For the next few years I was engrossed in PLUR naivety and the playfulness and experimentation that rave culture inspired. We found freedom in gender fluid fashion and as Mireille Silcott writes in Rave America, “gobbled too many Es, said ‘dude’ a lot … and pierced the dickens out of [our] bodies” (1999: 45). Parties were where new tracks were dropped and innovative fashions flaunted. It’s where a new generation of kids experienced the queer time that disco bore and a sense of collective effervescence and self-affirmation that was unmatched in daily life. Gina Arnold argues that in these spaces participants’ identities are “explicitly stated, both to themselves and to others, but rather than attaching to individuality, identity is attached to the idea of becoming an anonymous crowd member” (2018: 128). For an introvert like myself, the simultaneous experience of belonging and anonymity was too seductive.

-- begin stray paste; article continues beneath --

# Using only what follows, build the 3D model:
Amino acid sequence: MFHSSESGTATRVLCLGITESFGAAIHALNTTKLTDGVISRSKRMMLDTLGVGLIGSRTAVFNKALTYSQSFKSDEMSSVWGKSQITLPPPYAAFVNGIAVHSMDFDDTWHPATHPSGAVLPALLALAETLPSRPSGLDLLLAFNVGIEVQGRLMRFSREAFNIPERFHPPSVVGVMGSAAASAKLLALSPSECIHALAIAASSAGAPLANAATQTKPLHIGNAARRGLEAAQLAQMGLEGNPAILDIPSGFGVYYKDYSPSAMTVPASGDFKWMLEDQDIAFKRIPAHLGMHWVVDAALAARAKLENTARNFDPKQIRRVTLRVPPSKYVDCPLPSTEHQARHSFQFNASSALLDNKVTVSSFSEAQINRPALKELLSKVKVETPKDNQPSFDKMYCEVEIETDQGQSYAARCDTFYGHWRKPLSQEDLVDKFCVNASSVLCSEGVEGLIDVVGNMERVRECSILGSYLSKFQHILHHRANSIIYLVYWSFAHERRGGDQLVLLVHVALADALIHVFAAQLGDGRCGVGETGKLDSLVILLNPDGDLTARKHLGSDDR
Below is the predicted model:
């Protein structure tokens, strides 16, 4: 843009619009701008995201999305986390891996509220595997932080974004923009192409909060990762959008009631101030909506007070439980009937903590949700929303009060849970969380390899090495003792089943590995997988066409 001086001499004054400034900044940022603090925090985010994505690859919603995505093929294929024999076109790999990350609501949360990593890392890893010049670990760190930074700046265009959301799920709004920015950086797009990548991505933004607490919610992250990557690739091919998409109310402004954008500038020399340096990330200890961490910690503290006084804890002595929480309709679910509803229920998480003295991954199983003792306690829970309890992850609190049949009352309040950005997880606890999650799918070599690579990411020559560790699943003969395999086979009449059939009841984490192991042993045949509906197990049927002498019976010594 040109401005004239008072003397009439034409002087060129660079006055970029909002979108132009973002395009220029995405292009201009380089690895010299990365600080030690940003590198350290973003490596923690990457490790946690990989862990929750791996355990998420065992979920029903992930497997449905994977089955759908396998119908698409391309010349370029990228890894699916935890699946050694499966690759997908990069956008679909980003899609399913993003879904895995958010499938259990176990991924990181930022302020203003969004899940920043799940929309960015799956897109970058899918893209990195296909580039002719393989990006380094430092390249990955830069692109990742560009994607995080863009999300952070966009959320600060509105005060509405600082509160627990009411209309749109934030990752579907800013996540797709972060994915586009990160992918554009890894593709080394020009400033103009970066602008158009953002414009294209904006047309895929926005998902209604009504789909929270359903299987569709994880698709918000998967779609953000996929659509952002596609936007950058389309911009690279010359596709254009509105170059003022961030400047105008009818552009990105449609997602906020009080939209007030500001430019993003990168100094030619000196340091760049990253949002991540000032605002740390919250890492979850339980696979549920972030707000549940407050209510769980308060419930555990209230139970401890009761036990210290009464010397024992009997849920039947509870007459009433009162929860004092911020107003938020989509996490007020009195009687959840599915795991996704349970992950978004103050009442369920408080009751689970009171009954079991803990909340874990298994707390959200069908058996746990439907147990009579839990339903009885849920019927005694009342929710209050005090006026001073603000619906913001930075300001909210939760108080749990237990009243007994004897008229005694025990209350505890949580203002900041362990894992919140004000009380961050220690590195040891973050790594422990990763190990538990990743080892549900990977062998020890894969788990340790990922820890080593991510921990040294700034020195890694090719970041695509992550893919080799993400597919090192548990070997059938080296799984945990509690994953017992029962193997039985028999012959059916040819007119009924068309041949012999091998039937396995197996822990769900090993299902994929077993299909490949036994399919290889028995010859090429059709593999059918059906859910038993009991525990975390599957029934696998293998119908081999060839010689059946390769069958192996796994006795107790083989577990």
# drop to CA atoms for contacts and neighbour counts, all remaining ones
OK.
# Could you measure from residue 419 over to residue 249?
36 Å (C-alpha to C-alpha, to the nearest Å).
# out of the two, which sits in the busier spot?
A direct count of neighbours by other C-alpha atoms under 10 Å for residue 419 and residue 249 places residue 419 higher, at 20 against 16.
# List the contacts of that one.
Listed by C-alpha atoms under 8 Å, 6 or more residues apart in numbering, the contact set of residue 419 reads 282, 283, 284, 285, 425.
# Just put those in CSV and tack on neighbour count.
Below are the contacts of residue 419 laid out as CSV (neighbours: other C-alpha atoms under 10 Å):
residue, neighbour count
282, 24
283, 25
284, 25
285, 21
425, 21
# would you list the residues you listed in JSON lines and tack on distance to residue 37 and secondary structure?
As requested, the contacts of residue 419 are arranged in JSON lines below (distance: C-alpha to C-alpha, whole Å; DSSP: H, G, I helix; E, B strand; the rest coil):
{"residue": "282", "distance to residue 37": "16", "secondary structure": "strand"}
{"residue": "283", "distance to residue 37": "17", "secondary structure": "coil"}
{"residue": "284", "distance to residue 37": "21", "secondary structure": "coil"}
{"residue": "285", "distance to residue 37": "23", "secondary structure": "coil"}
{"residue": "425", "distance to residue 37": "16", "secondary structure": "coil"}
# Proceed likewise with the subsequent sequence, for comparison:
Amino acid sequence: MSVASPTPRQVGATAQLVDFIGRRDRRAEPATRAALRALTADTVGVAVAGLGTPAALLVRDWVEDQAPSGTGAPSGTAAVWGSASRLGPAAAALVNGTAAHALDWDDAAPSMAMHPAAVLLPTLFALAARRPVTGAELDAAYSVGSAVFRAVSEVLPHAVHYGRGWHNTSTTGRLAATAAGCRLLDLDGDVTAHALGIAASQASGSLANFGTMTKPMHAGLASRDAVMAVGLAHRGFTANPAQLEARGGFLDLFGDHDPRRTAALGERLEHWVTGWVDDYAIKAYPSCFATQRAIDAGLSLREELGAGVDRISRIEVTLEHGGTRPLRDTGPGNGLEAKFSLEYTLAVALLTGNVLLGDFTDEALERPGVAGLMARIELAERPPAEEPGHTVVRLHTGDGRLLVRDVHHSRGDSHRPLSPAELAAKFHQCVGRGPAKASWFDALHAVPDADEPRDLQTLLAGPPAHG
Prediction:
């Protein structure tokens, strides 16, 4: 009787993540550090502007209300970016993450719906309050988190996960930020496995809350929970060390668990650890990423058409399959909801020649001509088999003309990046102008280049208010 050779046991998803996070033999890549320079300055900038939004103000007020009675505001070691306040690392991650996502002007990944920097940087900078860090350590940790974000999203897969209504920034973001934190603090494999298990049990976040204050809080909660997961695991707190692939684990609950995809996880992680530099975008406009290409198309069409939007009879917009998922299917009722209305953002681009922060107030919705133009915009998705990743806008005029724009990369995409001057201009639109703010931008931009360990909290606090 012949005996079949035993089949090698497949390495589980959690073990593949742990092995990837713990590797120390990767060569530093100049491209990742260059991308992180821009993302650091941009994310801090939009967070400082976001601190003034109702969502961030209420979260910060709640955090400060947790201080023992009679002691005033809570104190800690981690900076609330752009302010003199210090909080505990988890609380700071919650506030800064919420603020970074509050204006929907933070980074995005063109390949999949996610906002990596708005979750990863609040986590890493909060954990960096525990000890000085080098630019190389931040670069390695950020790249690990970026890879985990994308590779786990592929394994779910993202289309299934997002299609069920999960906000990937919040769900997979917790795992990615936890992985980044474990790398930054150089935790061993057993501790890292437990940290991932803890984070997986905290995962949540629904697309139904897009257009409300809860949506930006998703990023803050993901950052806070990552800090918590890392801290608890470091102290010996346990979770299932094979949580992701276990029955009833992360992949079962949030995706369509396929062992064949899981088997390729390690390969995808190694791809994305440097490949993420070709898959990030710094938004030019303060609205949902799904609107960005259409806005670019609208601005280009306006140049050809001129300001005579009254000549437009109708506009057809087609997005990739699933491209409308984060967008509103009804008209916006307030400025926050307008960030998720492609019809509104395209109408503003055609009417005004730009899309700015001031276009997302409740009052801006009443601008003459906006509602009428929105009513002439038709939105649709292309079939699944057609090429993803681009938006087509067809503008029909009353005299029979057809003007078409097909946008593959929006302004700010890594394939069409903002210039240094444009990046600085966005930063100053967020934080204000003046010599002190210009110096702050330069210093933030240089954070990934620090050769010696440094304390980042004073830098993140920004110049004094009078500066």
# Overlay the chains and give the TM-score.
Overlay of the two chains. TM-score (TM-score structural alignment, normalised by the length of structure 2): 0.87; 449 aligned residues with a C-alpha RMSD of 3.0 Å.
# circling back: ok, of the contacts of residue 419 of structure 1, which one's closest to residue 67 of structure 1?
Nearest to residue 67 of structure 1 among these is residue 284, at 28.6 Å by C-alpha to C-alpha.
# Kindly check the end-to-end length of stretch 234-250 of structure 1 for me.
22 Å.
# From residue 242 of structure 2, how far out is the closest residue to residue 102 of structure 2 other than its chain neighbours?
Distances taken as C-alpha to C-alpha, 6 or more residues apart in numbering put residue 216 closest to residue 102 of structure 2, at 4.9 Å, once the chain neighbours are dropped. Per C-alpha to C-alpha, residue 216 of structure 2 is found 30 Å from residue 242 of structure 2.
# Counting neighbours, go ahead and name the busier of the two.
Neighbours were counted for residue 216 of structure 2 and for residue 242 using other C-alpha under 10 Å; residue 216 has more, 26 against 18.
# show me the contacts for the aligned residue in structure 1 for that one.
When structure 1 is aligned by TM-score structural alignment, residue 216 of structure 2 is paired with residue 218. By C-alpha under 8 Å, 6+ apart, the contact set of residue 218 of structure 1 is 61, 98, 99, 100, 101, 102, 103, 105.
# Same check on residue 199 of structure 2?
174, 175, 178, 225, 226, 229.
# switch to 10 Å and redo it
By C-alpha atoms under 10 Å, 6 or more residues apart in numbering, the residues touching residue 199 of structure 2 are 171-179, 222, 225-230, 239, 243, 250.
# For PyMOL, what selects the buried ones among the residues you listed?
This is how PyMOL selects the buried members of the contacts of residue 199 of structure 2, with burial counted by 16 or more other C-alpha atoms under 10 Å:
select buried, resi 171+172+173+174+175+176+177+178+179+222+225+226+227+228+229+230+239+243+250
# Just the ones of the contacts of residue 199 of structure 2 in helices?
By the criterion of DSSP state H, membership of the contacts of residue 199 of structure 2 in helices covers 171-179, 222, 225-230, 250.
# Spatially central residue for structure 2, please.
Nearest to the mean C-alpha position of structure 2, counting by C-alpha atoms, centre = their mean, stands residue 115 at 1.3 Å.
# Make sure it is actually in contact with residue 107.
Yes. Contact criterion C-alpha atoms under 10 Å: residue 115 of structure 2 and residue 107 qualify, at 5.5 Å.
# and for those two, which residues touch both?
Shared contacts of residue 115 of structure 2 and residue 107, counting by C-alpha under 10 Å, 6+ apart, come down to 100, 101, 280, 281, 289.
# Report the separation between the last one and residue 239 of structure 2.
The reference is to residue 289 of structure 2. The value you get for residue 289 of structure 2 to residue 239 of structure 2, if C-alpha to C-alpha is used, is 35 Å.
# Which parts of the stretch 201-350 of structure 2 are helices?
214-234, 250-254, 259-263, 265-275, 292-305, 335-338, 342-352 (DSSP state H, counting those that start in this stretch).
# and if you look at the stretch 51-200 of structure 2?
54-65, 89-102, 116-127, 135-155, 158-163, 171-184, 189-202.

By the end of the nineties the scene in Detroit has fizzled out due to overexposure, greed, commercialism and criminalization. Even cities like Toronto, that had initially adopted a "nonreactionary stance" to parties because they saw the benefits in keeping kids off the streets (Silcott 1999: 83), changed their position as rave culture gained more popular press coverage. Meanwhile, well-established moral panic in the UK made their way across the pond. By this point, Detroit’s approach to illegal parties, like that of most US cities, became increasingly punishing. Promoters and patrons were criminalized and threatened with severe penalties that included the confiscation of equipment, heavy fines and even jail time. And with that, dancing all night in warehouses, abandoned theaters and bingo halls, to techno, house and the occasional ghetto tech set, came to a halt. And the challenges the city was facing weren’t all that different from the previous decade. Down another 70 000 residents, the city was now 82% Black and still struggling to turn its troubles around.